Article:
Decoupling the Effect of Shear Stress and Stretch on Tissue Growth and Remodeling in a Vascular Graft

Eline E. van Haaften, Tamar B. Wissing, Marcel C.M. Rutten, Jurgen A. Bulsink, Kujtim Gashi, Mathieu A.J. van Kelle, Anthal I.P.M. Smits, Carlijn V.C. Bouten, and Nicholas A. Kurniawan

Published: 01/07/2018


The success of cardiovascular tissue engineering (TE) strategies largely depends on the mechanical environment in which cells develop a neotissue through growth and remodeling processes. This mechanical environment is defined by the local scaffold architecture to which cells adhere, that is, the microenvironment, and by external mechanical cues to which cells respond, that is, hemodynamic loading. The hemodynamic environment of early developing blood vessels consists of both shear stress (due to blood flow) and circumferential stretch (due to blood pressure). Experimental platforms that recapitulate this mechanical environment in a controlled and tunable manner are thus critical for investigating cardiovascular TE. In traditional perfusion bioreactors, however, shear stress and stretch are coupled, hampering a clear delineation of their effects on cell and tissue response. In this study, we uniquely designed a bioreactor that independently combines these two types of mechanical cues in eight parallel vascular grafts. The system is computationally and experimentally validated, through finite element analysis and culture of tissue constructs, respectively, to distinguish various levels of shear stress (up to 5 Pa) and cyclic stretch (up to 1.10). To illustrate the usefulness of the system, we investigated the relative contribution of cyclic stretch (1.05 at 0.5 Hz) and shear stress (1 Pa) to tissue development. Both types of hemodynamic loading contributed to cell alignment, but the contribution of shear stress overruled stretch-induced cell proliferation and matrix (i.e., collagen and glycosaminoglycan) production. At a macroscopic level, cyclic stretching led to the most linear stress-stretch response, which was not related to the presence of shear stress. In conclusion, we have developed a bioreactor that is particularly suited to further unravel the interplay between hemodynamics and in situ TE processes. Using the new system, this work highlights the importance of hemodynamic loading to the study of developing vascular tissues.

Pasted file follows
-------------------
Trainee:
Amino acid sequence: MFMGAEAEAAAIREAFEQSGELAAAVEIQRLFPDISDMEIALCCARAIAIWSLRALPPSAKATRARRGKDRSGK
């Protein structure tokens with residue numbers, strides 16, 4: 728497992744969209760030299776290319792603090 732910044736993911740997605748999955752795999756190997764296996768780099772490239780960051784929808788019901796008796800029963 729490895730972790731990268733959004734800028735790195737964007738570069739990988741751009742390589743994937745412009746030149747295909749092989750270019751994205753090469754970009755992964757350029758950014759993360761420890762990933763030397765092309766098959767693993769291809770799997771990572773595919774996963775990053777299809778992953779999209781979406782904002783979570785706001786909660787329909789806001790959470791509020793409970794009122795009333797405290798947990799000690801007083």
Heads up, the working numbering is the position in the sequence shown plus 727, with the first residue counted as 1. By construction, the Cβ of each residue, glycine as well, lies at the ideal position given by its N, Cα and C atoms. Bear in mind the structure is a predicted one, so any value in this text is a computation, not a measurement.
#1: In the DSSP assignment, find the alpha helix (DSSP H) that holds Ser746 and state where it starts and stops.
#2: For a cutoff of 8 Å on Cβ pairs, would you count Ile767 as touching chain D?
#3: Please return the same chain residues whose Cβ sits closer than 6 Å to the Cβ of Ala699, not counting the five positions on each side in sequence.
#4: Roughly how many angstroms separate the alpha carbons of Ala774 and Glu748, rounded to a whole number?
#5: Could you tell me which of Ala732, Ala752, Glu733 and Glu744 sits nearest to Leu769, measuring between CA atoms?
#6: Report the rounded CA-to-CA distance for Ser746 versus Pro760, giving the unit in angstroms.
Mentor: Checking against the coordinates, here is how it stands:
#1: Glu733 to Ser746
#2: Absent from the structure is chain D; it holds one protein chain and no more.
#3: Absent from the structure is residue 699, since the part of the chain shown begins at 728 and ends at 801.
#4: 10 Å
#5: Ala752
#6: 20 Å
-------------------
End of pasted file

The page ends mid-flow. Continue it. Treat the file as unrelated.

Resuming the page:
Full Access Link: Tissue Engineering - Part C: Methods